Triathlons Are This Runner's Idea Of A Milder Hobby County Parks Director Is Out To Master Event

November 30, 1990|By Elise Armacost | Elise Armacost,Staff writer

The temperature was in the 90s - a perfect day for a swim. So Joe McCann jumped in the Gunpowder River and swam a mile. Then, he bicycled 26 miles and ran for another six.

"Until the last 3 miles I was all smiles," says McCann, Anne Arundel's 46-year-old, 6-foot-2, 210-pound director of recreation and parks.

Then he dehydrated. His blood pressure dropped to 90/52. His legs started cramping. He stopped smiling -- not so much because he felt bad but because he'd ruined his time by slowing down.

McCann had wanted to finish his first triathlon, the June 1989 Bud Light Triathlon Series in Baltimore, in under 3 hours. He finished in 3 hours, 2 minutes.

"I was real ticked off," he says.

One and a half years and eight triathlons later, McCann still hasn't improved on that time. In fact, he was so worn down when he competed in the Betterton Triathlon on the Eastern Shore last September that halfway through the event he suffered leg cramps so severe, "I thought someone shot me."

McCann learned a lesson in Betterton. "At my age, you can't compete every month in one of these suckers and expect to do better." So next year, he's cutting back to two or three triathlons, instead of five to eight.

Maybe the Bud Light. Maybe the Best of the West triathlon in Western Maryland -- a half-mile swim through a lake, then a 15-mile bicycle ride through the mountains capped off by a 4.5 mile run.

"That's my favorite because of the hills," he says. "I like the hills."

You may be wondering: Is this man crazy? Is he trying to kill himself?

Wouldn't he rather be playing a nice game of golf or hitting a few tennis balls?

No, no and no.

McCann is too hyper for leisurely exercise. Most athletes jogging along the highway look as if they are ready to die, but not McCann. He laughs.

"I have a lot of energy. When I'm running, I'm usually laughing or fantasizing," he says, laughing. "That's my favorite thing to do. It's not always about sex, though sometimes that does happen."

Compulsively disciplined, McCann keeps computer records of his times and distances. He trains on the weekends and during the week, shedding his business suit at lunchtime and running, swimming at the Arundel Olympic Swim Center in Annapolis or biking on a course he's mapped out around the Recreation and Parks offices in Crownsville.

"They have great hills around St. Steven's Church Road," he says. "I love hills."

A Philadelphia native who lives on Kent Island, McCann played football in high school and college and has been active in sports and the outdoors all his life. He is visibly fit and quite sane in his approach to triathlons.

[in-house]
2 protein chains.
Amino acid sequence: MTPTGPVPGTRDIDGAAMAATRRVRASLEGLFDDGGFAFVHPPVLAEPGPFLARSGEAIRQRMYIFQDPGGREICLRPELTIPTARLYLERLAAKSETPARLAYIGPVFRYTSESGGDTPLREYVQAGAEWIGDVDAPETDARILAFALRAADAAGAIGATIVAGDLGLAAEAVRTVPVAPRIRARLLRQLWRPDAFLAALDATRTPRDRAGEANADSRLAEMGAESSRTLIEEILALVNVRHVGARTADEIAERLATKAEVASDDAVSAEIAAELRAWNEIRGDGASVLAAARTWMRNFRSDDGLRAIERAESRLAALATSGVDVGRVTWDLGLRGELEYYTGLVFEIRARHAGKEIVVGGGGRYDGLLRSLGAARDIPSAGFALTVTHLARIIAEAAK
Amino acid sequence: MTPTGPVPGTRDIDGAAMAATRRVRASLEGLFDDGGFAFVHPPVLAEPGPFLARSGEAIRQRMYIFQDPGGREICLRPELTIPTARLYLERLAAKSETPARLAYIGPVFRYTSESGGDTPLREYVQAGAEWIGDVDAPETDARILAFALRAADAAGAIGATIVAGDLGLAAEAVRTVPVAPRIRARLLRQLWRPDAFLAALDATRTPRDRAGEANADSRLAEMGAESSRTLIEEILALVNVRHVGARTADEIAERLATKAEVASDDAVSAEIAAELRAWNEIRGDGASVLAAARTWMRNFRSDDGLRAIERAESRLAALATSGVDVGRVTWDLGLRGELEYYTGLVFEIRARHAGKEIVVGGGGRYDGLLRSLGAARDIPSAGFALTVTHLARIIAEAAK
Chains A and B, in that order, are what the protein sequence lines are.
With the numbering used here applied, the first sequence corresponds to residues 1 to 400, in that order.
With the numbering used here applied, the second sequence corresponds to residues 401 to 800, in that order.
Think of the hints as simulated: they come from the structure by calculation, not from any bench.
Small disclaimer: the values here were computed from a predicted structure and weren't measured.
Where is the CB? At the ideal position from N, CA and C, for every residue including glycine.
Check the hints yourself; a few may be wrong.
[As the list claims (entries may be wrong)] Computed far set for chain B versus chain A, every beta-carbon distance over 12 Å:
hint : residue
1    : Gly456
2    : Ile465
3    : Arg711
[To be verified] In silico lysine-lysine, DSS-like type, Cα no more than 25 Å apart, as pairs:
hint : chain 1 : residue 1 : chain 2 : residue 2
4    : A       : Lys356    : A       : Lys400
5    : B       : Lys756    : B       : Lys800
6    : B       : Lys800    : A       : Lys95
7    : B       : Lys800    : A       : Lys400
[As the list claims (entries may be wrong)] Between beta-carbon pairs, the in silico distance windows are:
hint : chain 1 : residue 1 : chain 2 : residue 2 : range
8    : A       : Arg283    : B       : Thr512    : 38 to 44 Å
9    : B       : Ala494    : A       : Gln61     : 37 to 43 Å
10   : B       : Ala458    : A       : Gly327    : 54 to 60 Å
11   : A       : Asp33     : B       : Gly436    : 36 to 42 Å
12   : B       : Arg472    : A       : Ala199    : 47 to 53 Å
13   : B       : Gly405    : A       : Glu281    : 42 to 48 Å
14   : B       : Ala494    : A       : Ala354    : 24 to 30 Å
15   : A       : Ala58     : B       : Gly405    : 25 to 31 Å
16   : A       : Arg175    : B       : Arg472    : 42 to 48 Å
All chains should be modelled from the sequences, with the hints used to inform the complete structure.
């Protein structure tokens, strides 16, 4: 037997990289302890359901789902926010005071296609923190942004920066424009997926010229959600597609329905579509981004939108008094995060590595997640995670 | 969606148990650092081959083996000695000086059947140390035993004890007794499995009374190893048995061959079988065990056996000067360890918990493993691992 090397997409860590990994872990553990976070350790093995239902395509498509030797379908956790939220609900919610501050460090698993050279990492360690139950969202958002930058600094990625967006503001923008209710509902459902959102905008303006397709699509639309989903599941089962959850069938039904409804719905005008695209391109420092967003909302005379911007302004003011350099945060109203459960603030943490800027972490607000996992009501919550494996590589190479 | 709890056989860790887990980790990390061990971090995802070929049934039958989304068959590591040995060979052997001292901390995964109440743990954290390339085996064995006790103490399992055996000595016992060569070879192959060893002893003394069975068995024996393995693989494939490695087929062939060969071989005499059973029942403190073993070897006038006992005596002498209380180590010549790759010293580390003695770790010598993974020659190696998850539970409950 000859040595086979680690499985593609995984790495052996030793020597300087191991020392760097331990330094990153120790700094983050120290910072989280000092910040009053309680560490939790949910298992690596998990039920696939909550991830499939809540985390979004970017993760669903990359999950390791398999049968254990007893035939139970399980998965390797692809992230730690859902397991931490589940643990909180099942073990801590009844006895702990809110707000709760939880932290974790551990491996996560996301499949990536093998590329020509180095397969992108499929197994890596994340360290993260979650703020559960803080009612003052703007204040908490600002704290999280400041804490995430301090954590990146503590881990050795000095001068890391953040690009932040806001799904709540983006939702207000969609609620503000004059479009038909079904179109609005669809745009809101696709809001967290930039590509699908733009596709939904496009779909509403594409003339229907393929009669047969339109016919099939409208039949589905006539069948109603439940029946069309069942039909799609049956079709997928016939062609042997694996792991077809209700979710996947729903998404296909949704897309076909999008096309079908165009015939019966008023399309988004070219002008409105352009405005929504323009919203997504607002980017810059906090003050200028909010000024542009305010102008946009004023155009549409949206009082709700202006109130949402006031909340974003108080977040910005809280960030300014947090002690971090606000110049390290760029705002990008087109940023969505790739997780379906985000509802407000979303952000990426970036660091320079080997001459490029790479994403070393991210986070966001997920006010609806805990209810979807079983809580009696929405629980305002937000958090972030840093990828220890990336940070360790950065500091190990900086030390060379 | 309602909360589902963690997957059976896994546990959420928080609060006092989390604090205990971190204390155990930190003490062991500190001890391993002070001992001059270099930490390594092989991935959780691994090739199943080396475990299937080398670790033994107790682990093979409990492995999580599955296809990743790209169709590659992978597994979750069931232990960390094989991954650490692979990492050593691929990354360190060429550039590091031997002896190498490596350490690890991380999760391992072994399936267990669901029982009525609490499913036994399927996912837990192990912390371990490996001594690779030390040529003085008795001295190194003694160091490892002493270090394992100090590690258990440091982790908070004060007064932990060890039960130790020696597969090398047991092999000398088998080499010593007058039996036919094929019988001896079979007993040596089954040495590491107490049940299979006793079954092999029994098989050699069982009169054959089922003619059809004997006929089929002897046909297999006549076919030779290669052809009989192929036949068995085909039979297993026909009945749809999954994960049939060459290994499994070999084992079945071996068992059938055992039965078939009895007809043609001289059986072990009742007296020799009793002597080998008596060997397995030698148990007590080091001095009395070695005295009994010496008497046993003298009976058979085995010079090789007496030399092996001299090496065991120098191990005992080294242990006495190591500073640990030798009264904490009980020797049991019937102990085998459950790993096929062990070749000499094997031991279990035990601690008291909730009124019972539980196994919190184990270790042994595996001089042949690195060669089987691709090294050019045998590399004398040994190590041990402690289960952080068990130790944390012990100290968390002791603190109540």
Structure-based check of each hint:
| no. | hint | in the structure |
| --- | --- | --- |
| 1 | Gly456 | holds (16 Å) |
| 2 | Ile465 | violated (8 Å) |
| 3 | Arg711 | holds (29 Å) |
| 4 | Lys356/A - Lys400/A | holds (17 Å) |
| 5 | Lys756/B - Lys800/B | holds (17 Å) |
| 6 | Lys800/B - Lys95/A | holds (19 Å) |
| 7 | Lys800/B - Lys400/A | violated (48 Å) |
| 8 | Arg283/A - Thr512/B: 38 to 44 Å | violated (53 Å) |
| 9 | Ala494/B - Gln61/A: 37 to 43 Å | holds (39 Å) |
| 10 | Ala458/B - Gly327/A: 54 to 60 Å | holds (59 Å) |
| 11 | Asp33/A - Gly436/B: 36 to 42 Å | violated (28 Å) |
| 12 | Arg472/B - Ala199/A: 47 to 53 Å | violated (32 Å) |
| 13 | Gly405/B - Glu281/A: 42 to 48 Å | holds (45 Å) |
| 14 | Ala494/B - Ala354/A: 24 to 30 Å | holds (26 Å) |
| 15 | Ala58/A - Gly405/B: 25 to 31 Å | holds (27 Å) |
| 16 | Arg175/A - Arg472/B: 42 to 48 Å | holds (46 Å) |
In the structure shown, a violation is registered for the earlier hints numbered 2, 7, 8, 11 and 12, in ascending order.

In fact, he started competing in triathlons, which combine swimming, biking and running, precisely because his old hobby -- running -- was wearing out his legs. "This is much kinder to your body," he says.

McCann had been a serious runner for more than 20 years before he started training for triathlons. Though he competed in 5-kilometer, 10-kilometer and 10-mile races, he didn't care about winning (which he rarely did) as much as reaching his own goals, such as being able to run a 7-minute mile.

In 1978, after 10 years of running 8-minute miles, he started an intensive indoor short-distance training program supervised by a coach at the Naval Academy until he was able to run a 5-mile race in 34 minutes.

Once he did that, he started to get bored with running.

"I also started to get old," he says. "I didn't recover fast after a race. I hurt a lot."

So when one of McCann's assistants suggested that triathlons, with their heavy emphasis on swimming, might provide the challenge McCann wanted without killing his legs, McCann started training with fervor.

Though initially nervous about the swimming -- "I could swim across the pool and back, but I still had a little fear of the water," he says -- he read a book on triathlons and followed its training program to the letter.

His weekly schedule called for three days of swimming, two days of biking, one day of running and one day of rest.

"But if I'm honest, there were days when I didn't rest. I remember once I trained 27 days in a row. I was that determined."

Unfortunately, McCann has paid a price for this devotion to physical fitness. Separated from his wife, he admits the marriage broke up largely because of his absorption with his own pursuits.

"I paid a lot of attention to my career, I paid a lot of attention to my kids, I paid a lot of attention to my personal needs. Being a good husband was at the bottom of my list."

On the plus side, he says, his three kids, ages 25, 16 and 13, all inherited his enthusiasm for sports. They often show up to cheer him on during his triathlon events, he says.

The triathlons McCann competes in are intermediate events, unlike the famous Ironman triathlon, classified as an "ultra" event. The Ironman, held in Hawaii, consists of a 2.5-mile swim through the Pacific Ocean, a 100-mile bike ride and a 26-mile marathon.

"I'd never touch that," McCann says, not because he thinks it's crazy, but because "I'd have to train 20 hours a week, and I don't have the time."

Indeed, McCann gets positively euphoric talking about those times when he'd pushed himself to the limit. Like that first triathlon, the 1989 Bud Light. . . .

"I spent some time in the medical tent. It took a full week for me to resume training again. But I gave more in that race than in any other physical contest. I've climbed some mountains, I've played some tough football games. But that was the one I will remember. Nothing was as hard as that.

"It was three hours of non-stop testing of the mind and body."

He's still smiling about it.

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